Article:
The starting offensive line unit during Tuesday’s session consisted of Will Beatty at left tackle, Diehl at left guard, Boothe at center, Chris Snee at right guard and Pugh at right tackle. That could all change as the week progresses, but for the time being, head coach Tom Coughlin said this is the look Big Blue will use.

“It’s the best way for us to play right now,” said Coughlin. “We’re just trying to get the group on the field now that can work together, hopefully, and prepare for the regular season.”

Diehl agreed that all is so fluid, but he added that’s just the way it is in the NFL — especially on the line where the physicality and brutality is intensified.

“Work. I mean, that’s the only way you can [adjust to the shuffling]. There’s going to be ups and downs, [and] there’s injuries. That’s the sport that we chose,” Diehl said. “But I know the group that we’ve got. I know our coaches. We’re going to rally around, we’re going to work to improve and it starts right here on the practice field and breaking things down. … We’re excited. Guys were here [Monday] on their day off, watching the game film, watching everything, and we’re all doing the same thing because we want to come back out here today and get things right.”

Big Blue notes …

» Cordle got a laugh from the media when he was explaining the difference between being the starting center with the first unit and being one of the older guys as the starting center with the second unit.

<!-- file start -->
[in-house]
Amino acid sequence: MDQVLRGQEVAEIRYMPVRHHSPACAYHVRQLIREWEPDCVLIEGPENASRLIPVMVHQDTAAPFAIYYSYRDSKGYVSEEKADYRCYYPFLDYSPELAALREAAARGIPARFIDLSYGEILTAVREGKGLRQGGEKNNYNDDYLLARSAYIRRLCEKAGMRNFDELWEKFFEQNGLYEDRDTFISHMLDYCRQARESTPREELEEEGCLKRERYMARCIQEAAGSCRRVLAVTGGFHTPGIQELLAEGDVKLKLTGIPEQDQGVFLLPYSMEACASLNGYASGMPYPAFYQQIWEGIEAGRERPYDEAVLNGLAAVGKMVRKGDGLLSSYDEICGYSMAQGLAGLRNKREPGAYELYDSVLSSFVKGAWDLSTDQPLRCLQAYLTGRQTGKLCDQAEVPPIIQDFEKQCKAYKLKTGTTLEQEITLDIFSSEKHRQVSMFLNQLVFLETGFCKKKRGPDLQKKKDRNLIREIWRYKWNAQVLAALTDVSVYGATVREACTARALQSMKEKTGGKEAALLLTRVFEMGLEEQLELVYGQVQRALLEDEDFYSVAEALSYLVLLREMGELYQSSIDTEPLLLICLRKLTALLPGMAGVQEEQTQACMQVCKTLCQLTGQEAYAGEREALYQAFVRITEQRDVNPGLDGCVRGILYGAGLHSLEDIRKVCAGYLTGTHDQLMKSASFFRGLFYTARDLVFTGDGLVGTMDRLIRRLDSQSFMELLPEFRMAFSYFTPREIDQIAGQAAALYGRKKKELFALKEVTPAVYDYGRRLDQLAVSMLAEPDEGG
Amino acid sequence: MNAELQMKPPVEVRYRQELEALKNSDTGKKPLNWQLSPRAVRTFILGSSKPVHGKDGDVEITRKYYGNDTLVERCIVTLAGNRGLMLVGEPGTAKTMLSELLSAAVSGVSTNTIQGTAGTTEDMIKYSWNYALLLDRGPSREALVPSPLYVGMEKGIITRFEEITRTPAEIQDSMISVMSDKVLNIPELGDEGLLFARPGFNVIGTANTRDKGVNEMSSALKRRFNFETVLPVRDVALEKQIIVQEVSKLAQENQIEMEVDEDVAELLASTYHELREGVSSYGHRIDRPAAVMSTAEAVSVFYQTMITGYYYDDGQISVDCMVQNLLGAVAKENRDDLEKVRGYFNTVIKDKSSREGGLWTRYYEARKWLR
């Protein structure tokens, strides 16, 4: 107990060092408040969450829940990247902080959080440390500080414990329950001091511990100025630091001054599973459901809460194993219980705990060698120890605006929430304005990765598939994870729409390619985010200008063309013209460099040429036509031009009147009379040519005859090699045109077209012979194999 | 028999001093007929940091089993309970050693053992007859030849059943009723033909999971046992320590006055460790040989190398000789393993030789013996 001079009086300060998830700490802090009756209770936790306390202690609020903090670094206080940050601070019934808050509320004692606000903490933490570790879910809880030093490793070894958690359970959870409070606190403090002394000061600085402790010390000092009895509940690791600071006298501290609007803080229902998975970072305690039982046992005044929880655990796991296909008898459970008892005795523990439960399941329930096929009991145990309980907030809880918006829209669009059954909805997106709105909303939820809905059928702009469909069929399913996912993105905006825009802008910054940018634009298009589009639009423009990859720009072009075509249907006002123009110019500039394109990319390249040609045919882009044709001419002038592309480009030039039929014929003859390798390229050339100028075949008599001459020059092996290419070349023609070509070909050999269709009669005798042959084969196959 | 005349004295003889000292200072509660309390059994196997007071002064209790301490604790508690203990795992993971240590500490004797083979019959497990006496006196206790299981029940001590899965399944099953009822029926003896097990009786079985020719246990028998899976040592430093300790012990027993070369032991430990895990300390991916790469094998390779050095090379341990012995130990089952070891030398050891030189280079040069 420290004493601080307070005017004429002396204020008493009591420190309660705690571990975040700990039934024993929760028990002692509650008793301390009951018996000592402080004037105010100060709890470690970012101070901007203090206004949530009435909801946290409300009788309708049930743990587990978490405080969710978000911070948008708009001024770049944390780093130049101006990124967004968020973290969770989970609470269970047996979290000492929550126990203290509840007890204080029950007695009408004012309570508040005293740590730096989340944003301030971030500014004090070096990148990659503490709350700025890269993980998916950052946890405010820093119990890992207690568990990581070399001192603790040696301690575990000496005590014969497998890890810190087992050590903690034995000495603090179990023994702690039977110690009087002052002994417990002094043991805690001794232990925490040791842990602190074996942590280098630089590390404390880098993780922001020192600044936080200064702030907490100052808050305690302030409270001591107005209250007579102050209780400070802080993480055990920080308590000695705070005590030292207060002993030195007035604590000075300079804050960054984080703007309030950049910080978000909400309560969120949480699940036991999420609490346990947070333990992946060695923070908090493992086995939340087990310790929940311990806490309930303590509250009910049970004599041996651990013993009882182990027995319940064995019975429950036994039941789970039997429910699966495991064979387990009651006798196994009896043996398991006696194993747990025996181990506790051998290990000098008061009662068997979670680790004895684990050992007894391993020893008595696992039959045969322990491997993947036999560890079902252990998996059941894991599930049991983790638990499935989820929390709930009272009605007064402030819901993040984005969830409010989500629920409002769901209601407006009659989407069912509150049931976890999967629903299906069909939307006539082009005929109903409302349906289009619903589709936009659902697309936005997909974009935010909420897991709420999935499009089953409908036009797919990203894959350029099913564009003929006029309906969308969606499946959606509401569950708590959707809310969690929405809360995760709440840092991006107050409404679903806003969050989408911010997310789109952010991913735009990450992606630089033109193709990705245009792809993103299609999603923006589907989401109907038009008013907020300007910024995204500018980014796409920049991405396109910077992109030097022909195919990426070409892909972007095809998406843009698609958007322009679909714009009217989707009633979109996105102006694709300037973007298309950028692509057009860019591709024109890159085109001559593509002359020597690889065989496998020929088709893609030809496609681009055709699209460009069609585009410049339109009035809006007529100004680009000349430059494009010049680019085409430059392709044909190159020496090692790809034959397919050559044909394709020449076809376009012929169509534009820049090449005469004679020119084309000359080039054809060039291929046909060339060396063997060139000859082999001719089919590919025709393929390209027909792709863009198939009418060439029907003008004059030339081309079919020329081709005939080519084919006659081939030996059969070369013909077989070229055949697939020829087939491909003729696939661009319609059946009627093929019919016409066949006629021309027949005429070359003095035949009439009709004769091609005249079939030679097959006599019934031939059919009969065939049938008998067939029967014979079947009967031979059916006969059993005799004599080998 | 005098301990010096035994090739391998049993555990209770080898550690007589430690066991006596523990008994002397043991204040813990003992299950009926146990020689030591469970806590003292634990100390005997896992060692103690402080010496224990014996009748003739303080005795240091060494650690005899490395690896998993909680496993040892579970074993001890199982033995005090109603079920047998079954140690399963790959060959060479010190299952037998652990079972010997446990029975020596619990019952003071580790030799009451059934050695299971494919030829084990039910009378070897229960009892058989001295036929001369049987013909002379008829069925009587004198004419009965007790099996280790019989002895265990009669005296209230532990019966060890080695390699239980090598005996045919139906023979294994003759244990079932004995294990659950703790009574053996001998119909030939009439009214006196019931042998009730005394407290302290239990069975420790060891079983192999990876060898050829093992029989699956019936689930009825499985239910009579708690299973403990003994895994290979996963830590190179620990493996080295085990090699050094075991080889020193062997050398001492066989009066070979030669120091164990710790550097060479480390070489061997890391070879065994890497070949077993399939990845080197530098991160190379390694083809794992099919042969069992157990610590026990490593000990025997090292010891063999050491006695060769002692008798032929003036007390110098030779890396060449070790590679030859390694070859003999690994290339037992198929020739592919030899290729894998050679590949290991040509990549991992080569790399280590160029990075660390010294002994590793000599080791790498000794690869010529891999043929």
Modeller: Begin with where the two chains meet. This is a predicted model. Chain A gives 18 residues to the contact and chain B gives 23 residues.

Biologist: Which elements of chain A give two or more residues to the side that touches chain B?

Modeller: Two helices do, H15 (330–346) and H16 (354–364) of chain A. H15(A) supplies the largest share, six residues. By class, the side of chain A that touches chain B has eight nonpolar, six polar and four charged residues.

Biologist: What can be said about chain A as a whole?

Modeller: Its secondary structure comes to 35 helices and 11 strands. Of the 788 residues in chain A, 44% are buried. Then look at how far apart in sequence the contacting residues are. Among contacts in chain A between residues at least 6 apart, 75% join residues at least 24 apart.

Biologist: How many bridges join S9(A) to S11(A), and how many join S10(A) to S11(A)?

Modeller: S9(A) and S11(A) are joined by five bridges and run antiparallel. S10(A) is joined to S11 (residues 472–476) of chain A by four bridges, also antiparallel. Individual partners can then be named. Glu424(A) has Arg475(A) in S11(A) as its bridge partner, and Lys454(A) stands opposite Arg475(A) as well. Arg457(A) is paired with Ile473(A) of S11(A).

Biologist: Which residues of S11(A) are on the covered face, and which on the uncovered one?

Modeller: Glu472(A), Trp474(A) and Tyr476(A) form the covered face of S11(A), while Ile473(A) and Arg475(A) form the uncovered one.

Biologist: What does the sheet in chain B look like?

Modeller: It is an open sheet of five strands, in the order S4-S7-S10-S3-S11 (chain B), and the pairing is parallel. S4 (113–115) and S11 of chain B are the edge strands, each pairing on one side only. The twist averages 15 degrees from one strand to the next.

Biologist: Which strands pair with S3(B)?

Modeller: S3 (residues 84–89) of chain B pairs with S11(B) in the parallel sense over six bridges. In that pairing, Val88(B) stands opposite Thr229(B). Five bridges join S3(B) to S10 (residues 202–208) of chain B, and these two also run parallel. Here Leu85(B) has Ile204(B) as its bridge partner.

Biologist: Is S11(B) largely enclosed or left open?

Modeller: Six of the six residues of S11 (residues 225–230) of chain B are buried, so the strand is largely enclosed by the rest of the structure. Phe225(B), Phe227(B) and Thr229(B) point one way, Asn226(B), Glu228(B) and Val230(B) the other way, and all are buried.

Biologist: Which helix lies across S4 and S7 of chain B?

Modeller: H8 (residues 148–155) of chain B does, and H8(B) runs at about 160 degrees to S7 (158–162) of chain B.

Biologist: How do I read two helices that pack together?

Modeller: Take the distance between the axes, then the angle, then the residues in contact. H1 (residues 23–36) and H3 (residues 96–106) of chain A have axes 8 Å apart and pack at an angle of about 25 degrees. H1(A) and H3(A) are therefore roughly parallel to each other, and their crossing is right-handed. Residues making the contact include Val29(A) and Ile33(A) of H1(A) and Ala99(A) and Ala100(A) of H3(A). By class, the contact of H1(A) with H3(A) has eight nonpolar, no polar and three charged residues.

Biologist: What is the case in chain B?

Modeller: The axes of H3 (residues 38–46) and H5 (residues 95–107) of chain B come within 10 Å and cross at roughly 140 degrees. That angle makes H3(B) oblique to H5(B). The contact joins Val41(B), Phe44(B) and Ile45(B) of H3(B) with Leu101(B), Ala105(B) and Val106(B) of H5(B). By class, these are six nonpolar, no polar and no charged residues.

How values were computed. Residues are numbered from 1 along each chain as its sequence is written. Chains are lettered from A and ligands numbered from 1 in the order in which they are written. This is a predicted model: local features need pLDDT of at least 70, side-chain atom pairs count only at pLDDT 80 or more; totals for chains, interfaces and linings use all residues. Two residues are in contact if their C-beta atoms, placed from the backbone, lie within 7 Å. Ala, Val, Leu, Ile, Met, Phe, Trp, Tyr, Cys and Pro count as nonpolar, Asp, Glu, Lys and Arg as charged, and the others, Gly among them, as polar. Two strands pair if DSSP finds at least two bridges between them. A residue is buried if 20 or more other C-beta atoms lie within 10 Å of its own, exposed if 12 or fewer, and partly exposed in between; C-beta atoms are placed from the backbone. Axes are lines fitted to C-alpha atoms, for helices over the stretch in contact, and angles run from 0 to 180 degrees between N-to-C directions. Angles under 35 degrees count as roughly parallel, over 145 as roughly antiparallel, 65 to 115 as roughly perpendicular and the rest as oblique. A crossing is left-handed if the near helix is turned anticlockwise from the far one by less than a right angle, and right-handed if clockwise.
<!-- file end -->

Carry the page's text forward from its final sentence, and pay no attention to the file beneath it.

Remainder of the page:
“With the ones I can’t get the line calls out fast enough. Boothe and [Chris] Snee are making the call,” Cordle said. “When I’m with the second group, they’re waiting on me to make the call. But those guys [veterans] are making calls before I can even get up to the line. … When you go from the second team to first team, there’s a step up in competition. I think that’s all it is. You have to be ready for that.”

Cordle credited defensive tackle Linval Joseph for preparing him for the chance to battle top-flight interior lineman, considering Joseph is arguably the strongest player on the team.

“Getting reps in practice against our [starting] guys, and going up against Linval Joseph in practice is really hard,” Cordle said. “He practices really hard during an NFL week and he’s really good. I give a lot of credit to Linval for getting me ready for this year.”

Cordle also thinks these next two preseason games are momentous in his young career.

“We’ve got some veterans and we’ve got some young guys that have been drafted behind me, so I think these two games are definitely critical,” Cordle said. “They’re definitely going to make or break me.”

» Among the injured/missing at practice included defensive end Adrian Tracy leaving practice early with dehydration, and wideouts Louis Murphy (sore leg) and Ramses Barden (knee) both sitting out the session.

» Former Cowboy Dan Connor worked with the first team at middle linebacker, ahead of Mark Herzlich, who was a mainstay as the starting “MIKE” for most of camp.

Follow Giants beat writer Tony Williams on Twitter @TBone8.